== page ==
"I just want to thank you so much, thank you for believing in me," the 25-year-old said before belting out one of her best songs from the series, "Don't Rain on My Parade" from "Funny Girl."

The show's judges were more candid in their reactions.

"I think America got this one wrong this week," Paula Abdul said.

"I think it's a travesty," echoed Randy Jackson.

The judges play an advisory role after helping winnow the field of 70,000 applicants to 32 semifinalists and then, with viewers, to 12 finalists. The audience takes charge from there until the winner is picked.

"I was extremely surprised about La Toya leaving," said Carissa Rak, 23, of Liliha. "I was just really happy it wasn't Diana. As far as Jasmine, she probably should have gone because her performance wasn't the best, but making her cry was the wrong thing to do because it just made everybody vote for her. It definitely backfired on the judges."

Camille Michel, of the Maryknoll office of development and communications, held an "American Idol" viewing party at her home in Aina Haina last night for more than a dozen friends, students and alumni. "Life just ramped up a notch for Maryknoll School and for Jasmine," she said.

The Associated Press contributed to this report.


Trias shines ‘Idol’
spotlight on isles

A triumphant Jasmine Trias will return to the islands today to shoot a segment for "American Idol" that has Hawaii tourism officials singing the Mililani teen's praises.

Trias made the TV show's final three last night, which has prompted "American Idol" producers to accompany her to Oahu for more footage of her hometown. The exposure for Hawaii translates to about $7 million in free advertising for the state, said David McNeil, of McNeil Wilson Communications Inc., a public relations firm that represents the HVCB.

Tourism officials were notified last week that if Trias made it into the next round, "American Idol" would shoot footage of her here, McNeil said.

While Trias is in town, the "American Idol" camera crew will accompany her as she meets Lt. Gov. Duke Aiona this afternoon and visits her fellow Maryknoll School students tomorrow morning. She will also be filmed illuminating Waikiki when she arrives by outrigger canoe at about 6:30 p.m. tomorrow to light the torch for Sunset on the Beach. Mayor Jeremy Harris will greet Trias when she comes ashore and issue a proclamation in her honor.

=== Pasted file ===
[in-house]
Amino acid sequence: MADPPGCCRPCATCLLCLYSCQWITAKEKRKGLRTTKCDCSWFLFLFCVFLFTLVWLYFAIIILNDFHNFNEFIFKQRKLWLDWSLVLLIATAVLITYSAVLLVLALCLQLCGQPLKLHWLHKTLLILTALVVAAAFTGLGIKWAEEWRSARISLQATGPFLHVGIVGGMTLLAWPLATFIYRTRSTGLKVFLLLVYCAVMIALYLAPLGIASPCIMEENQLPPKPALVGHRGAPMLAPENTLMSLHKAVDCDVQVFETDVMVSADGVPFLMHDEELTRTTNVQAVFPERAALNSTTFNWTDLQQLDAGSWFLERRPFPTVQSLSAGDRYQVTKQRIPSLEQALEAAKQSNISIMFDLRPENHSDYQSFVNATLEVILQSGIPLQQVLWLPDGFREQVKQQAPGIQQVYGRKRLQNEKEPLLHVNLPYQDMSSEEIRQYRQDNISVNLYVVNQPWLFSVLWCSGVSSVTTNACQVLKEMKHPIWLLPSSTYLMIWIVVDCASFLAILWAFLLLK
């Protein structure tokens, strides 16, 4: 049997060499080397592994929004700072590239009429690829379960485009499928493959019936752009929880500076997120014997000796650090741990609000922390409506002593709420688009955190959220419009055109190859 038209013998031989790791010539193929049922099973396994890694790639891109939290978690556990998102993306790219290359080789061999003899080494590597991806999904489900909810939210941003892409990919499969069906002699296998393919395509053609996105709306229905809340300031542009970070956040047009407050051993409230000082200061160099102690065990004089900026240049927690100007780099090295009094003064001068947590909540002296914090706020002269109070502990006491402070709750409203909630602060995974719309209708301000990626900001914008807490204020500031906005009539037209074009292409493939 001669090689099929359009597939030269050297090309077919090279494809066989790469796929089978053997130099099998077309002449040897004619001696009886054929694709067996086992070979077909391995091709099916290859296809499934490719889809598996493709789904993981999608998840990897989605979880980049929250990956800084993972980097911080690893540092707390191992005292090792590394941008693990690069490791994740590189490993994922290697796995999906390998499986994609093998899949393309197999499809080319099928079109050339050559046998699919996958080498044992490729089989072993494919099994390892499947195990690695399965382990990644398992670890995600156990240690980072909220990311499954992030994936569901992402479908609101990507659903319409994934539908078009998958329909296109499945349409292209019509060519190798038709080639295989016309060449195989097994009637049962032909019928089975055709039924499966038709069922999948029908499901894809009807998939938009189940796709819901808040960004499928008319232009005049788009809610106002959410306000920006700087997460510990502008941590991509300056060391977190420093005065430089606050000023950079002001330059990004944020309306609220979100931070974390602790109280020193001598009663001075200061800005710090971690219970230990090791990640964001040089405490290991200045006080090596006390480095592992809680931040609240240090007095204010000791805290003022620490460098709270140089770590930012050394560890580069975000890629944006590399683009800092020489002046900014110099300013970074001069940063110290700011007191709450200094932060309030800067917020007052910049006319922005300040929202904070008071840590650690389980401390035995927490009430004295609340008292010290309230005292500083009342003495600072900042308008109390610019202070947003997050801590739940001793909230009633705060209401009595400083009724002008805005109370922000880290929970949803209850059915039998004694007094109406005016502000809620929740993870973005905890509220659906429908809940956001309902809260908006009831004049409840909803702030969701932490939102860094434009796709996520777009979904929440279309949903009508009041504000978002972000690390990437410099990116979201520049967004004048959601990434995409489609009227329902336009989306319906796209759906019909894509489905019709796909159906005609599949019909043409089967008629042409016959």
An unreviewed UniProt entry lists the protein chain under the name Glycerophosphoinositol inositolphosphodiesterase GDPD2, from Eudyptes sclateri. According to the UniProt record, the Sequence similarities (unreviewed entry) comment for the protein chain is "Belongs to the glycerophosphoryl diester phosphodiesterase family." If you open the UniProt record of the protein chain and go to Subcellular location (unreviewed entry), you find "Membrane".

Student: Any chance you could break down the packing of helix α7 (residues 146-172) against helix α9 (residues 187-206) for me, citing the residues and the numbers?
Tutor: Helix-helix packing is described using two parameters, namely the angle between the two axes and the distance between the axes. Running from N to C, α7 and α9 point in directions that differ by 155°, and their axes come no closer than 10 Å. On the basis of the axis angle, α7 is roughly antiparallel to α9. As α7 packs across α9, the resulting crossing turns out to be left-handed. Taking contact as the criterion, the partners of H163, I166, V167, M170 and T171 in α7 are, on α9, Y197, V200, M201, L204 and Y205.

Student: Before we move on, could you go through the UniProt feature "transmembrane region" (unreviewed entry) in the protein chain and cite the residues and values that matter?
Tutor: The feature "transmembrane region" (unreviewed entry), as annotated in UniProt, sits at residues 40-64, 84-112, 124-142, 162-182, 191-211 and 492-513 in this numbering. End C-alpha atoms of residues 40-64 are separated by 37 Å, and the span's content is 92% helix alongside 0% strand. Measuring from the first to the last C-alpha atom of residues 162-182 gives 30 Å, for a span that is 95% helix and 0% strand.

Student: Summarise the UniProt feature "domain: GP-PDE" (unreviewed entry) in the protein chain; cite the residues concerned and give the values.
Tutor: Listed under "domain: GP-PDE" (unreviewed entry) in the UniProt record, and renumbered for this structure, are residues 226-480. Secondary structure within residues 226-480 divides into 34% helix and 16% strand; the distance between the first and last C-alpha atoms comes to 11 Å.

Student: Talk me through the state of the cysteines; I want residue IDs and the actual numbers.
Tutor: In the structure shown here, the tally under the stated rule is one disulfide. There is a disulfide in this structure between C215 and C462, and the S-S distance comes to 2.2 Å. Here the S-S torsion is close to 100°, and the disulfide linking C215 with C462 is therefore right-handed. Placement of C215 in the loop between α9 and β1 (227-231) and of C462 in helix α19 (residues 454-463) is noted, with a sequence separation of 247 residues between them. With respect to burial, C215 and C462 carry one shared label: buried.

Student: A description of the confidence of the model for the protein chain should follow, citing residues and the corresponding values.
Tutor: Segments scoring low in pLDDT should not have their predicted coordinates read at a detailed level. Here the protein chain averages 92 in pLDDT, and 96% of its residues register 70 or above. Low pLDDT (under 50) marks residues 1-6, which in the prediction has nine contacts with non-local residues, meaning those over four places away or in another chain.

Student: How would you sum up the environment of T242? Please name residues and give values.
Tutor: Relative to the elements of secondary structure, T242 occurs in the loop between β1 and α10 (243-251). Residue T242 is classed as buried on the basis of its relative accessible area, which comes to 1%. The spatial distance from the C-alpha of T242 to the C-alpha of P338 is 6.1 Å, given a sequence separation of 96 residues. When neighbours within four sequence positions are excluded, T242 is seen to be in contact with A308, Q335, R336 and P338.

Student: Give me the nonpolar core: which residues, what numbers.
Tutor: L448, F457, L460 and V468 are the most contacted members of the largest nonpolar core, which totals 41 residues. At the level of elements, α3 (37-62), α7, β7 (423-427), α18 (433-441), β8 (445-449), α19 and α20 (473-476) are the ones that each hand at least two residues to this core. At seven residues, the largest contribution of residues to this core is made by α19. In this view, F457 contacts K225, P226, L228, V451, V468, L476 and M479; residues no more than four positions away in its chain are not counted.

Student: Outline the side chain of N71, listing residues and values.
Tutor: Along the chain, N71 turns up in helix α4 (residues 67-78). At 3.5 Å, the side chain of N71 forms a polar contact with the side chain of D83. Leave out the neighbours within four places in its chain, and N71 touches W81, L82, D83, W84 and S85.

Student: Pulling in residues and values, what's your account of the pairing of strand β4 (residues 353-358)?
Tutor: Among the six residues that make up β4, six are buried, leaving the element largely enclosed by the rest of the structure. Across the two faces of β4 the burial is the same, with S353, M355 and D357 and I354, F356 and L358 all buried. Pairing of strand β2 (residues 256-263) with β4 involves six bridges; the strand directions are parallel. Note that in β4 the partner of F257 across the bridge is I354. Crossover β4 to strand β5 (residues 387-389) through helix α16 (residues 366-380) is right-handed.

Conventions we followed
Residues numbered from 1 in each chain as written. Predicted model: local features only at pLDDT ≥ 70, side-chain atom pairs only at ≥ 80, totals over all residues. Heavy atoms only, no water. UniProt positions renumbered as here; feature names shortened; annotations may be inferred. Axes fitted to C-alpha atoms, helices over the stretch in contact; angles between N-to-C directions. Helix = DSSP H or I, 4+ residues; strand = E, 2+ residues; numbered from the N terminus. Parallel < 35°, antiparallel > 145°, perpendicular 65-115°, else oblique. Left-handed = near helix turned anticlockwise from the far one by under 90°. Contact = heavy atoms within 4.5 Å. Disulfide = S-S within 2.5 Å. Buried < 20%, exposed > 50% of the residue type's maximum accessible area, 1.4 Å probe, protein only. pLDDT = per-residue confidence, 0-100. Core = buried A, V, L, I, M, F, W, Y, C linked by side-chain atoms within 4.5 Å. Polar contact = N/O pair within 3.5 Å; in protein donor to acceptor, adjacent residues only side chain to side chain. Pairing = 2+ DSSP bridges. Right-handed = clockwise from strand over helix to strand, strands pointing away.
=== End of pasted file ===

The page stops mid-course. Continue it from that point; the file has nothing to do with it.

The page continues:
"People are now very interested in Jasmine. 'American Idol' viewers want to know more about who she is and where she comes from," McNeil said. "And that's good news for Hawaii."

The state got a tremendous boost when "American Idol" hosted tryouts in Honolulu earlier this year, said Jay Talwar, vice president of marketing for the Hawaii Visitors and Convention Bureau. The show, which aired Jan. 28 during a mainland cold front, equated to about $84 million worth of marketing. About 31 million viewers tuned in and saw the show's judges visit Honolulu hot spots.

Advertisers normally pay $700,000 to air a 30-second spot during "American Idol," but the entire show cost the state and its tourism partners about $23,000 and in-kind donations of hotel meeting space, rooms and stadium tickets, McNeil said.

"If you do the math, it's a pretty good deal," he said. "I call Jasmine's performance the gift that keeps on giving."

Trias' warm personality has also helped marketing efforts, Talwar said, adding that research shows the people of Hawaii are a key visitor draw.

"She's a wonderful spokesperson, role model and ambassador for Hawaii," he said.

Trias' experience has boasted tourism marketing so much that officials have begun negotiating with the show's producers for an October return, McNeil said.

"It's about 90 percent sure that they're coming back," he said.